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American Society of Hematology Announces 2016 Physician-Scientist Career-Development Award Recipients

(WASHINGTON, April 28, 2016) – The American Society of Hematology (ASH) has announced the names of the five medical students selected to receive the 2016-2017 ASH Physician-Scientist Career-Development Award. This award program is designed to help students attending accredited medical schools in the United States or Canada gain experience in hematology research under the mentorship of an ASH member. 

From July 1, 2016, through June 30, 2017, the students chosen to take part in the program will spend more than 80 percent of their time conducting laboratory, translational, or clinical research. Recipients will receive a total award amount of $42,000, which will help cover their supplies, insurance, educational expenses, salary, and meeting attendance. 

“Recent advances in technology and our understanding of the basic biology of blood diseases have led to what is now a truly exciting time to study hematology,” said ASH President Charles S. Abrams, MD, of the University of Pennsylvania. “The ASH Physician-Scientist Career-Development Award provides an excellent opportunity for talented medical students to immerse themselves in hematology research under the guidance of faculty mentors. We are proud of this year’s recipients and look forward to supporting their continued growth in hematology.”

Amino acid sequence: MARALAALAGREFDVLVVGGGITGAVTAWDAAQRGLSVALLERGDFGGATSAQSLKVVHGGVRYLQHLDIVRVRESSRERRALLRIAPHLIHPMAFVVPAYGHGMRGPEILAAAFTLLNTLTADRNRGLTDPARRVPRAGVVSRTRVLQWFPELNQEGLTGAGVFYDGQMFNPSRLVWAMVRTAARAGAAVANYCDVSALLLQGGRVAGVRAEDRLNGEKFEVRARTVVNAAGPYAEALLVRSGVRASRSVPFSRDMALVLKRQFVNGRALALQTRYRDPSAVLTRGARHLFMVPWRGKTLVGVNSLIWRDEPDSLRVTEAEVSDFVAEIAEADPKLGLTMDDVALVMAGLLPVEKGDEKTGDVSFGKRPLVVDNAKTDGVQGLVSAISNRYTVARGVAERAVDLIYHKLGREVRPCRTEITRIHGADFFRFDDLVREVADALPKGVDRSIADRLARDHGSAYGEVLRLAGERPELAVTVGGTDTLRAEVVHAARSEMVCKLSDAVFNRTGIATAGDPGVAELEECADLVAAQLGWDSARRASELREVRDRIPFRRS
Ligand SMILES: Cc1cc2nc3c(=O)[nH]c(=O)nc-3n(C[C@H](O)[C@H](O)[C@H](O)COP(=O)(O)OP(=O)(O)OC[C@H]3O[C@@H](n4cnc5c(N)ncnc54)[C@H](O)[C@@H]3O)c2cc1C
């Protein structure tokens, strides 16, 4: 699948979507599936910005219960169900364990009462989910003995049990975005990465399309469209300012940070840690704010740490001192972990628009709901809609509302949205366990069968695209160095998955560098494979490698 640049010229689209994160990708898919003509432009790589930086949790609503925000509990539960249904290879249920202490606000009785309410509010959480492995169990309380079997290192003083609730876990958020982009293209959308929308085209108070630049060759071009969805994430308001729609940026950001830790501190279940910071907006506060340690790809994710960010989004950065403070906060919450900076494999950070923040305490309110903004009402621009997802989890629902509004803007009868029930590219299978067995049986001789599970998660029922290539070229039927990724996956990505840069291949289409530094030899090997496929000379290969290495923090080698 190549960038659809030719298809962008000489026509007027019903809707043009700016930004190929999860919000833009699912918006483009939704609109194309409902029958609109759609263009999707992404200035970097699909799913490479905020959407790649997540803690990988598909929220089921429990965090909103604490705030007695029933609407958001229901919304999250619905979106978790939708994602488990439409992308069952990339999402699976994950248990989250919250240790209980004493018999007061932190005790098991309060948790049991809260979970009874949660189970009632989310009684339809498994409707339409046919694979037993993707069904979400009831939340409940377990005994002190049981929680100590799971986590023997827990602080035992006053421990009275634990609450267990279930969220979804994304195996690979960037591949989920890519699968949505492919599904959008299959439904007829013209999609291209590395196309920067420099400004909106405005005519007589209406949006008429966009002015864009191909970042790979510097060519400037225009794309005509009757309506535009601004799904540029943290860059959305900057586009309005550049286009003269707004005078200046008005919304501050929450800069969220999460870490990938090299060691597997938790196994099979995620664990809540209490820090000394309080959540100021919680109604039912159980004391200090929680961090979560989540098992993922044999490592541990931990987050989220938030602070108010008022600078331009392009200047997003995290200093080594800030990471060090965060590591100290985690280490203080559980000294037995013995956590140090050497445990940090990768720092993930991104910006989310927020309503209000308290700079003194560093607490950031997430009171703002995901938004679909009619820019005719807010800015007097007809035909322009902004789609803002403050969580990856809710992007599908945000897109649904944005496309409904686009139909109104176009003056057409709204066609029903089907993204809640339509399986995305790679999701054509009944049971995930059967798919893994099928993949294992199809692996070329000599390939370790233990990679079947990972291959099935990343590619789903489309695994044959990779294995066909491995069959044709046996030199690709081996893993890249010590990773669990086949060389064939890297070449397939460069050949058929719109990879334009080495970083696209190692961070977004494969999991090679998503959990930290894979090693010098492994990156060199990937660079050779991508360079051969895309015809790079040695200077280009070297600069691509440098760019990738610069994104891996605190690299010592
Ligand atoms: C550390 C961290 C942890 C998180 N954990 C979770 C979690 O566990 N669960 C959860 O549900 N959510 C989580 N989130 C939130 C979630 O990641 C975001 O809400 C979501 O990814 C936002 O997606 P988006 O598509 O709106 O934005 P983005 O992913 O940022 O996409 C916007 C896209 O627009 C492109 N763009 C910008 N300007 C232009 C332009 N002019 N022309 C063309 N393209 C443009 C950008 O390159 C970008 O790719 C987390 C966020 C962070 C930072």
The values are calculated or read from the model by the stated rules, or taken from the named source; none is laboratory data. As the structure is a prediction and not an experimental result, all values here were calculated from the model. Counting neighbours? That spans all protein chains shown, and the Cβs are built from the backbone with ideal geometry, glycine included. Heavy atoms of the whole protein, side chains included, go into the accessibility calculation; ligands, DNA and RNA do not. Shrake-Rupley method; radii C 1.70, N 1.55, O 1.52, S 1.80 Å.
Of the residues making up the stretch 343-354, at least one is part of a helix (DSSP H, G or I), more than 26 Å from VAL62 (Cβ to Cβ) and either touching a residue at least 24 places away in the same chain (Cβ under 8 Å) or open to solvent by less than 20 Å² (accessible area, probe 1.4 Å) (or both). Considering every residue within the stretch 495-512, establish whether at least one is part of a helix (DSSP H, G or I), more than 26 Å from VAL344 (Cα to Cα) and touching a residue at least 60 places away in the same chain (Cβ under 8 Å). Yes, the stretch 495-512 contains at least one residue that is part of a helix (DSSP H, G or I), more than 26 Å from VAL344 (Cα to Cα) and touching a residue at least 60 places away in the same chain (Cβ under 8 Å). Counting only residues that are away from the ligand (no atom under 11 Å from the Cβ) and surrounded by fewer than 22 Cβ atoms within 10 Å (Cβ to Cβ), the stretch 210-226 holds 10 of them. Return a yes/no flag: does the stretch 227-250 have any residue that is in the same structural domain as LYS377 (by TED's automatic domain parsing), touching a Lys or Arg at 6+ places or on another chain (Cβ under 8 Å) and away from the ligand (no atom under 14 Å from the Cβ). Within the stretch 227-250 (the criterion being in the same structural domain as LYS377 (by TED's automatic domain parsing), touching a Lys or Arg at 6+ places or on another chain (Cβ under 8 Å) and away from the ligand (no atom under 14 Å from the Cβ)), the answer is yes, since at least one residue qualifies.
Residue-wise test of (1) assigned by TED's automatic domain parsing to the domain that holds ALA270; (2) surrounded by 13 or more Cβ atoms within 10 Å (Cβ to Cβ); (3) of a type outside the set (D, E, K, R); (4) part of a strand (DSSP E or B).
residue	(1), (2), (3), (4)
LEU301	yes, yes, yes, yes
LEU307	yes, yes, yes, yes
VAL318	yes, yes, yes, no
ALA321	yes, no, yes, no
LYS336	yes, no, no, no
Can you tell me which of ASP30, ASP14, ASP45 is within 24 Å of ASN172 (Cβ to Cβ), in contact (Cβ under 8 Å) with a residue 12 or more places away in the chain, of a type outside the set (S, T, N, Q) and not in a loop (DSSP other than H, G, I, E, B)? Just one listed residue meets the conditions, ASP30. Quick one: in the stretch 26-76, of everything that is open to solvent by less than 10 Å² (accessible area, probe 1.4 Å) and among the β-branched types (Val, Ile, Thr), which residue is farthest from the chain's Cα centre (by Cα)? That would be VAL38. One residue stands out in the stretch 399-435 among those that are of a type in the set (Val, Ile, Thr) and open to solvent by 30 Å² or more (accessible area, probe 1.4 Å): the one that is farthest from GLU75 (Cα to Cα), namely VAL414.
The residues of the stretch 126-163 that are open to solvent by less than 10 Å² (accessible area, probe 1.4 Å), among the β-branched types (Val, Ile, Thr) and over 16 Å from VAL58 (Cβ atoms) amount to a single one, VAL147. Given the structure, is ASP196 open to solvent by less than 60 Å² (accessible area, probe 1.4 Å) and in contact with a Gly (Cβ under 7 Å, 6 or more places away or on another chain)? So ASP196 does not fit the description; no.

The 2016 Physician-Scientist Career-Development Award recipients are:

Daniel Chandra The Role of Interleukin-22 in Regulation of the Intestinal Stem Cell Compartment in Graft-Versus-Host Disease Medical College of Georgia at Augusta University, Augusta, GA
Melanie Donahue Mechanisms of Cohesinopathy in Myelodysplastic Syndromes University of Massachusetts Medical School, Worcester, MA
Kevin Dong Modeling Cytogenetically Normal Acute Myeloid Leukemia Northeast Ohio Medical University, Rootstown, OH
Alicia Stallings Parent and Clinician Perspectives of Transplantation as Treatment for Sickle Cell Disease Cleveland Clinic Lerner College of Medicine of Case Western Reserve University, Cleveland, OH
Radovan Vasic Characterizing Altered Splicing by Mutant SRSF2 in Myelodysplastic Syndromes Yale School of Medicine, New Haven, Connecticut

The American Society of Hematology (ASH) (www.hematology.org) is the world’s largest professional society of hematologists dedicated to furthering the understanding, diagnosis, treatment, and prevention of disorders affecting the blood. For more than 50 years, the Society has led the development of hematology as a discipline by promoting research, patient care, education, training, and advocacy in hematology. The official journal of ASH is Blood (www.bloodjournal.org), the most cited peer-reviewed publication in the field, which is available weekly in print and online.


Sara Khalaf, American Society of Hematology
[email protected]
; 202-552-4925